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A new Mastercard design is meant to make life easier for visually impaired users

The new Touch Cards from Mastercard have different shape notches cut into the sides to help customers who are visually impaired find the right card by touch alone. The Touch Card credit card has a round notch, the debit card has a squarish notch and the prepaid card has a triangular notch.
The new Touch Cards from Mastercard have different shape notches cut into the sides to help customers who are visually impaired find the right card by touch alone. The Touch Card credit card has a round notch, the debit card has a squarish notch and the prepaid card has a triangular notch.

Approaching a register to pay for a morning coffee, for many, probably feels routine. The transaction likely takes no more than a few seconds: Reach into your wallet, pull out a debit or credit card and pay. Done.

But for customers who are visually impaired, the process of paying can be more difficult.

With credit, debit and prepaid cards moving toward flat designs without embossed names and numbers, bank cards all feel the same and cause confusion for people who rely on touch to discern differences.

One major financial institution is hoping that freshly designed bank cards, made especially for blind and sight-impaired customers, will make life easier.

Mastercard will distribute its new Touch Card — a bank card that has notches cut into the sides to help locate the right card by touch alone — to U.S. customers next year.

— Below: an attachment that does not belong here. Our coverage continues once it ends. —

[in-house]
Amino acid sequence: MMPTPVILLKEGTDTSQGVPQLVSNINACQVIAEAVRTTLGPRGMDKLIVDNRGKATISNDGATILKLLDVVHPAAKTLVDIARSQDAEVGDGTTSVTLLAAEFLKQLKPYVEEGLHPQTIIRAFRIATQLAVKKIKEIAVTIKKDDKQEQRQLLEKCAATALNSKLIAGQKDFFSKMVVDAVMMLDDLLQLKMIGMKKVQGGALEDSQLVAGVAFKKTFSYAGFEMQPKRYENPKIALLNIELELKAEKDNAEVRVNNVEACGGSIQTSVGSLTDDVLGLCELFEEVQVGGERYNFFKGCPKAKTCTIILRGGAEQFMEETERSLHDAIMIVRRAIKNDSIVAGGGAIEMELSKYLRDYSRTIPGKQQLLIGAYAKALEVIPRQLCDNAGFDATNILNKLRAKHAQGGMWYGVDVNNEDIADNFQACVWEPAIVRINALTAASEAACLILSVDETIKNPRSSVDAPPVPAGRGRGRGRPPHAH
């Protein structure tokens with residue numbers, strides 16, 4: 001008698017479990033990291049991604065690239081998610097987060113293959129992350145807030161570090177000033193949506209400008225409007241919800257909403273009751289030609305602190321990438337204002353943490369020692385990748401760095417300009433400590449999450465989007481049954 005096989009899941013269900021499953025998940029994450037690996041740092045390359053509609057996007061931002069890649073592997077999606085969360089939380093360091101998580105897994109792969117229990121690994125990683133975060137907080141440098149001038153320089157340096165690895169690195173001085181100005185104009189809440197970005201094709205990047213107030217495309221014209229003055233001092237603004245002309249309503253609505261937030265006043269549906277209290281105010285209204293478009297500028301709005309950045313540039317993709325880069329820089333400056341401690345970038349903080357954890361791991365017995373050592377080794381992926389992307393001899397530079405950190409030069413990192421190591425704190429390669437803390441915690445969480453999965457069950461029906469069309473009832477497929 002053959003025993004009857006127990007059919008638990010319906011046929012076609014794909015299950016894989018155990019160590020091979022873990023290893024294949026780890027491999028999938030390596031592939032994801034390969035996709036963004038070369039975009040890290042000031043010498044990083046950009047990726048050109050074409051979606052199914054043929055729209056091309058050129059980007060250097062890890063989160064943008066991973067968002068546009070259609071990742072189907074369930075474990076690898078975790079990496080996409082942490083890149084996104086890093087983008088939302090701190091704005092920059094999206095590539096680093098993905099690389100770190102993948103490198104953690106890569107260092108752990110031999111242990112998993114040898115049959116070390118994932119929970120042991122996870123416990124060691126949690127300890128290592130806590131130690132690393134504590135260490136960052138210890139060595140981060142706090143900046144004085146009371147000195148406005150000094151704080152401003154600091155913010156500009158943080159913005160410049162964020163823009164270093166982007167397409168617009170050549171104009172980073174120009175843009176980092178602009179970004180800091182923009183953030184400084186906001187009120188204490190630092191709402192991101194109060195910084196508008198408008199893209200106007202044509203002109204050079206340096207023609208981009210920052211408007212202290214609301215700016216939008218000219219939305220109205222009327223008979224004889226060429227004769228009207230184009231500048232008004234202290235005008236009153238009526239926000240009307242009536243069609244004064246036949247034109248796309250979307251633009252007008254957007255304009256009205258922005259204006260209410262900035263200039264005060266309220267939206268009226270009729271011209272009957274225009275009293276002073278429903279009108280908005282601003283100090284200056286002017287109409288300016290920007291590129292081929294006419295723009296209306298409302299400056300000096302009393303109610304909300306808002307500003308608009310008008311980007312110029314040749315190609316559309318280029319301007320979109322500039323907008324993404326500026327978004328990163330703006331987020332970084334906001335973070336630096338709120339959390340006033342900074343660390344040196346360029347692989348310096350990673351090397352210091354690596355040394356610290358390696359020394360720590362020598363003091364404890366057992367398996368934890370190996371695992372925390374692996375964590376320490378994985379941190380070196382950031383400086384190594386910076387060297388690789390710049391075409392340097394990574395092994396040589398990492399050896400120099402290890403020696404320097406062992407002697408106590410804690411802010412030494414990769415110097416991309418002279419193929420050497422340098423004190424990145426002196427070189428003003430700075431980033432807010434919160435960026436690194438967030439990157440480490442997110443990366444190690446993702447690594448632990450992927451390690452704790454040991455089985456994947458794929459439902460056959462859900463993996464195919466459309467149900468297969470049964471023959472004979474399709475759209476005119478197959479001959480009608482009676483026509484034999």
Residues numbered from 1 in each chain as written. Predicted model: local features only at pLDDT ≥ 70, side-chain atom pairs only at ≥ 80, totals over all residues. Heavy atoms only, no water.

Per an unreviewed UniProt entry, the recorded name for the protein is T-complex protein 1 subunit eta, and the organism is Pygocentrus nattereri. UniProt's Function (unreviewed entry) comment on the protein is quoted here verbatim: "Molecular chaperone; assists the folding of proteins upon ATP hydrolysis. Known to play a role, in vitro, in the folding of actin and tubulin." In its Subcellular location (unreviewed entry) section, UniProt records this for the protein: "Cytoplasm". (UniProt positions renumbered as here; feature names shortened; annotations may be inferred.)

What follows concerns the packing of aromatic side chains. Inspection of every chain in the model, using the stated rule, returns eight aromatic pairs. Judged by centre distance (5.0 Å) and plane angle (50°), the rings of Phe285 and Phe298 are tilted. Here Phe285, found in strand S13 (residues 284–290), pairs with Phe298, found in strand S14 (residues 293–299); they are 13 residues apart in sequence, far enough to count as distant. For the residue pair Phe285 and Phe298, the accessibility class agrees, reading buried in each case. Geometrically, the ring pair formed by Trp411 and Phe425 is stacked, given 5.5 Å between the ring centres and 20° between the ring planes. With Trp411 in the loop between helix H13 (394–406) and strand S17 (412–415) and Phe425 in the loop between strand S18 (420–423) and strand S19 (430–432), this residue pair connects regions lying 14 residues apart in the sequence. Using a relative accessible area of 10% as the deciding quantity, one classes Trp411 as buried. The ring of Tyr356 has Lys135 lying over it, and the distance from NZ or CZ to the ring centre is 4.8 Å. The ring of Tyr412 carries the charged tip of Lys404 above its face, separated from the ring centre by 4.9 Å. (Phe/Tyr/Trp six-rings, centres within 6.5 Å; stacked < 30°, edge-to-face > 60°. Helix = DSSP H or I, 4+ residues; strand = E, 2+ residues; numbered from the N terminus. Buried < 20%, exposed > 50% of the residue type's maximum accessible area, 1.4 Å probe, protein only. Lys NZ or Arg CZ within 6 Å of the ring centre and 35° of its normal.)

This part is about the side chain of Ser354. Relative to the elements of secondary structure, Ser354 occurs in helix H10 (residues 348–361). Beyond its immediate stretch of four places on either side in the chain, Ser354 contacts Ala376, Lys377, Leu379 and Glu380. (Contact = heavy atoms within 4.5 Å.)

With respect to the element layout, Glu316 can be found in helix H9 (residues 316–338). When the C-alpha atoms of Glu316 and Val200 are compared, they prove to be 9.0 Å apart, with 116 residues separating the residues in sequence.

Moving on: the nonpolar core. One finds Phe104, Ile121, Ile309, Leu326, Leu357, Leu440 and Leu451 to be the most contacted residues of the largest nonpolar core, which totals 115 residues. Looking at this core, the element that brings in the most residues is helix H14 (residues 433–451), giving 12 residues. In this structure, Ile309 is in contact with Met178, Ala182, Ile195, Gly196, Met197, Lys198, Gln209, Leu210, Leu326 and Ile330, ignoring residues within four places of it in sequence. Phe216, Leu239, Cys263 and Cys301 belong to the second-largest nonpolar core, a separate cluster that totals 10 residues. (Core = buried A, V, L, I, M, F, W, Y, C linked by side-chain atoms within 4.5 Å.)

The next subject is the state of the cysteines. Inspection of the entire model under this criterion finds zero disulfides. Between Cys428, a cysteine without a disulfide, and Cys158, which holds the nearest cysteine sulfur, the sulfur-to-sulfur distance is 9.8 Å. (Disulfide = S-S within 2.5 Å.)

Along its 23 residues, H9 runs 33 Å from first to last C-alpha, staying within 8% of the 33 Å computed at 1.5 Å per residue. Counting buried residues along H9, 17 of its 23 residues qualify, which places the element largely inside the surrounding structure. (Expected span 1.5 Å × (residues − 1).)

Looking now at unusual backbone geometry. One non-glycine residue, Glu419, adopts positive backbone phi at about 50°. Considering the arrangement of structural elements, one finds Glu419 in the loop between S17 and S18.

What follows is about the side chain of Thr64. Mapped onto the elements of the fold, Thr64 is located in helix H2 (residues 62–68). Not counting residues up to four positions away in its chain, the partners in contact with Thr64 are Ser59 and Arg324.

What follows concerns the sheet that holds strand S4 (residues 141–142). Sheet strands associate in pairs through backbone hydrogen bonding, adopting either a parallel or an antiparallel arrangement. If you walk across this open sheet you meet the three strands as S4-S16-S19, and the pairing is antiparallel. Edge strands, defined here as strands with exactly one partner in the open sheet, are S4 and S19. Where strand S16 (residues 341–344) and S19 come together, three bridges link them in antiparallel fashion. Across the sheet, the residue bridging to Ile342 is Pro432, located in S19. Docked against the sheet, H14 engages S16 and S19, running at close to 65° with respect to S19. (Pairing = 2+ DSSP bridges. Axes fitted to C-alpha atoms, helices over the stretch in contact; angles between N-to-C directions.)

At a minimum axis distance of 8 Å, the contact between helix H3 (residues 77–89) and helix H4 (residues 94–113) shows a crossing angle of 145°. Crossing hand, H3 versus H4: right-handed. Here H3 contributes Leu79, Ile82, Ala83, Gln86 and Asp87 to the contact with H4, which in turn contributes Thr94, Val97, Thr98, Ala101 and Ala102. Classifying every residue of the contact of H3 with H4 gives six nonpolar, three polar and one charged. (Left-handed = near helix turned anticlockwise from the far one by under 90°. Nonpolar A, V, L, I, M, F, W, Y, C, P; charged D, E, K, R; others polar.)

"The Touch Card will provide a greater sense of security, inclusivity and independence to the 2.2 billion people around the world with visual impairments," Raja Rajamannar, chief marketing and communications officer, said in a statement. "For the visually impaired, identifying their payment cards is a real struggle. This tactile solution allows consumers to correctly orient the card and know which payment card they are using."

Credit cards have a round notch; debit cards have a broad, square notch; and prepaid cards have a triangular notch, the company said.

Virginia Jacko, who is blind and president and chief executive of Miami Lighthouse for the Blind and Visually Impaired Inc., told The Wall Street Journal that feature also addresses an important safety concern for people with vision problems.

People with vision problems would no longer have to ask strangers for help identifying which card they need to use, Jacko said.

The new feature was developed with the Royal National Institute of Blind People in the U.K. and VISIONS/Services for the Blind and Visually Impaired in the U.S., according to both organizations.

Copyright 2021 NPR. To see more, visit https://www.npr.org.